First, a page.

Remember when shopping for a camera was easy? Fiddle with a few models, pick one and go home happy. Today you practically need a degree in computer science and three months just to research the right one.
The same clutter exists in virtually every category of consumer electronics and technology. Faced with too many choices, people cannot compare all the options competently, says Barry Schwartz, an American professor of social theory and author of The Paradox of Choice. For example, one university study found that a supermakret customer offered 24 varieties of jam was less likely to by any jam, than a customer offered just six varieties.
So how can time-pressed electronics shoppers make a decision without feeling regret? Experts urge self-restraint:
Stick to a budget: It's easy to get snowed into adding features that inch up the price, says Brian Clark, founder of The Tech Enthusiast's Network, a consumer technology consulting service. Begin with an absolute price ceiling, he says, and you will automatically limit yourself to the best product you can afford.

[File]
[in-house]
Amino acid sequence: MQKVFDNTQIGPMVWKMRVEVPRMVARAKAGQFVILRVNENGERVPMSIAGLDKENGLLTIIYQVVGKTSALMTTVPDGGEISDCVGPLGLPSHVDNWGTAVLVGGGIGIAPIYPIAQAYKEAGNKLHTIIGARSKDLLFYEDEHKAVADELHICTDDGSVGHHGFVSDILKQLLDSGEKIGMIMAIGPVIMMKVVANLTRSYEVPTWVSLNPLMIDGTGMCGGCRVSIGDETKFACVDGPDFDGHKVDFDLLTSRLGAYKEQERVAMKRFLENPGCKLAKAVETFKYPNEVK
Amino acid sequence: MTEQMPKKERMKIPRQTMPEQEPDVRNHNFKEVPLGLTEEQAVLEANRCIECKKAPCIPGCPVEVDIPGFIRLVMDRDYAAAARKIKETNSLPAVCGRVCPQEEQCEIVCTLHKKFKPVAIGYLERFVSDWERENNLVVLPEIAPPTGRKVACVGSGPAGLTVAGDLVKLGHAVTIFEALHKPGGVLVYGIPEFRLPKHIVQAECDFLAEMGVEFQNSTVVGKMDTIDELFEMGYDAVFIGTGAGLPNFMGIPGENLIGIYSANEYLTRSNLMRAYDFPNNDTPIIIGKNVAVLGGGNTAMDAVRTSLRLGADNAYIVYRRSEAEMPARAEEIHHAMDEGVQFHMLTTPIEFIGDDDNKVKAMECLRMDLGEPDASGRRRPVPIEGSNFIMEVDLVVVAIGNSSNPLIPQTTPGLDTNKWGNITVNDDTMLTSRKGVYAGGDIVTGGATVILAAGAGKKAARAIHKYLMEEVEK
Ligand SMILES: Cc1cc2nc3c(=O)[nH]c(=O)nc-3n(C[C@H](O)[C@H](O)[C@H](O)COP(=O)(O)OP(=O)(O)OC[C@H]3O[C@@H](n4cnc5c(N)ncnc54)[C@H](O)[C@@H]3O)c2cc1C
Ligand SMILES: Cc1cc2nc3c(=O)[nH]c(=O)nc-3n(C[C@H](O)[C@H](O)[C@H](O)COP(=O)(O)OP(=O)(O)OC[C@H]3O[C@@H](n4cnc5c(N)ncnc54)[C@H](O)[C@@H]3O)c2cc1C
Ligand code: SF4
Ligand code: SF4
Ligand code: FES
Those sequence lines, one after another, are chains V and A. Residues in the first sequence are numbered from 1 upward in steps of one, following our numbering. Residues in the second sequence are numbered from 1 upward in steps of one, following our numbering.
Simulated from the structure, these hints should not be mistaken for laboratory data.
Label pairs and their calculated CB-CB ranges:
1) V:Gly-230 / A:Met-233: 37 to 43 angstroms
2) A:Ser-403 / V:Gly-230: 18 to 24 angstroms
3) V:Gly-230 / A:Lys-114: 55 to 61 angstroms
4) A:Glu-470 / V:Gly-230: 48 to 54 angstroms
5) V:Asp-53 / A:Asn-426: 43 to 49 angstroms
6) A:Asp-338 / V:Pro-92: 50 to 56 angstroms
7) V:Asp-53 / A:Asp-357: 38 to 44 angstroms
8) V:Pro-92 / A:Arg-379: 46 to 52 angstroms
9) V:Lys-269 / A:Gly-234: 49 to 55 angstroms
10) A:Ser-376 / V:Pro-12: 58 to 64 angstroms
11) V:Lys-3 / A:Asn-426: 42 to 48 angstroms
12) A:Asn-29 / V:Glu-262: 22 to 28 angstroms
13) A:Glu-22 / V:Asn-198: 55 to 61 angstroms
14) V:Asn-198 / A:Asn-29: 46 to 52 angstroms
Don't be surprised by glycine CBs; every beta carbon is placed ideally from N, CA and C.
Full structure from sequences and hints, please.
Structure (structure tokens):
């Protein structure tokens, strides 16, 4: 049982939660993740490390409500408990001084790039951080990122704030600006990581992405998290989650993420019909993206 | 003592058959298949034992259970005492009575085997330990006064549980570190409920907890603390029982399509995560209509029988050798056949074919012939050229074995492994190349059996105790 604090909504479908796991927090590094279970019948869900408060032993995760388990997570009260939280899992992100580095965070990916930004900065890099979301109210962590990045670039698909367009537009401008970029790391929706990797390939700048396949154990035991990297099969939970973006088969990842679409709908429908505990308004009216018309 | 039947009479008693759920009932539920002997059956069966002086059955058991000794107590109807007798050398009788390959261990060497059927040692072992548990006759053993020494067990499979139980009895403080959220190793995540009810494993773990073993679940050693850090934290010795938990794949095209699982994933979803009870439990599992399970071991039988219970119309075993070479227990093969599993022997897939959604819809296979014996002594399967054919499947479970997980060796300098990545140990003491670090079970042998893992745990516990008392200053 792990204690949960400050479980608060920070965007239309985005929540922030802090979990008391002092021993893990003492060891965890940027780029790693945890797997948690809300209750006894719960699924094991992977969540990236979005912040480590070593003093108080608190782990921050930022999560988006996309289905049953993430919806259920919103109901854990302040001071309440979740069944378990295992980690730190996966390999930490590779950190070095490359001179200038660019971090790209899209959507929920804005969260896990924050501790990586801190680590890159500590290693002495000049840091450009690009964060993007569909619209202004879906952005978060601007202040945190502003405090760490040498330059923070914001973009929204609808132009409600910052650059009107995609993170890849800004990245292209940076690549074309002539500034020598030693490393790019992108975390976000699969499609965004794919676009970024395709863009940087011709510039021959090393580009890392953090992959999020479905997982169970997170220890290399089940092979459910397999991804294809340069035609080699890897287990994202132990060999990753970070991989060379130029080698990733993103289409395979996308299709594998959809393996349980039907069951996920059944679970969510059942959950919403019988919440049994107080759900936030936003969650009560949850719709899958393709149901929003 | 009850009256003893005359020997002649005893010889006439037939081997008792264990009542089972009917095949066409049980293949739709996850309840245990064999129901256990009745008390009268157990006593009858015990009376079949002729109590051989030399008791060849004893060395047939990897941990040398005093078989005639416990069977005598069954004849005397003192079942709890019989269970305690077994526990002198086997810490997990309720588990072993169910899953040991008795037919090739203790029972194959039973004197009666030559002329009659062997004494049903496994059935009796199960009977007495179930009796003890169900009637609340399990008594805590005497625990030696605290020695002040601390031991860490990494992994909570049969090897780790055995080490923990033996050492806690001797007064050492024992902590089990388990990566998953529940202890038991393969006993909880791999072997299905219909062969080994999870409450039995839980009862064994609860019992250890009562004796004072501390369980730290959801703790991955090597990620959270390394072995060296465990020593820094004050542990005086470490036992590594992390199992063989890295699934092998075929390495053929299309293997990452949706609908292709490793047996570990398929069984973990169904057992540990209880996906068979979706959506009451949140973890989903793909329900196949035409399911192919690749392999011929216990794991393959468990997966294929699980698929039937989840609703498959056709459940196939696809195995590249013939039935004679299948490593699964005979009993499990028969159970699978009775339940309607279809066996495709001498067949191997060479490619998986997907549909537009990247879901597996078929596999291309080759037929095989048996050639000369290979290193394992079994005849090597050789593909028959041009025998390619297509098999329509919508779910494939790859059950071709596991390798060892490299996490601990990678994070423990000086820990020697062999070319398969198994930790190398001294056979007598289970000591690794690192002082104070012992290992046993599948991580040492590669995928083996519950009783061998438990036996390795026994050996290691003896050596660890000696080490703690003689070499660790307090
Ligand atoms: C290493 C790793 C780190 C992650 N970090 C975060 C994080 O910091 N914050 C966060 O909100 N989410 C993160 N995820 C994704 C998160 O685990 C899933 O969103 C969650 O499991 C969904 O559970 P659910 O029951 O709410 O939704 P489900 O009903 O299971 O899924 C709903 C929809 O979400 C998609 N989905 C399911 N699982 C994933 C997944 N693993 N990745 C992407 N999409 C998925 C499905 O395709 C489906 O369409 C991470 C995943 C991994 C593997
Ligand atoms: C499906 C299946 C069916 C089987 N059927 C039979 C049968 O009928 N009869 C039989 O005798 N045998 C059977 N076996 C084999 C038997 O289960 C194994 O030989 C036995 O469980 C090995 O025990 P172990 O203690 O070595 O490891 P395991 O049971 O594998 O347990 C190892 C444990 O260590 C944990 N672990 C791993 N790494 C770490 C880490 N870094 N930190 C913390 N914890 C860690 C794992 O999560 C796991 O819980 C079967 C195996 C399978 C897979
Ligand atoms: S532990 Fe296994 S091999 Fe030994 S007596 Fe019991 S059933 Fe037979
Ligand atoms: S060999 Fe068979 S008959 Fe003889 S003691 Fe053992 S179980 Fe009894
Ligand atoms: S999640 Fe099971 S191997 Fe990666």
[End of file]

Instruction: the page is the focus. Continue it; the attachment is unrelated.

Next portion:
Know your needs: Ask a friend or relative who is up on electronics to explain the options and then figure out which ones matter most to you.
Talk the talk: Before coming face to face with sales people who favour jargon, bone up on the lingo. Clark says knowing what key terms mean in advance can inoculate you against buying more that you need.
Ease the pressure: If you feel overwhelmed, leave the store, Clark says. Impulse purchases rarely wind up satisfying in the long run.
Train you brain: No product is perfect. And with electronics, there's always a new, more technically sophisticated version just around the corner. "We tend to focus on what's satisfying about your purchase," Barry Schwartz says.
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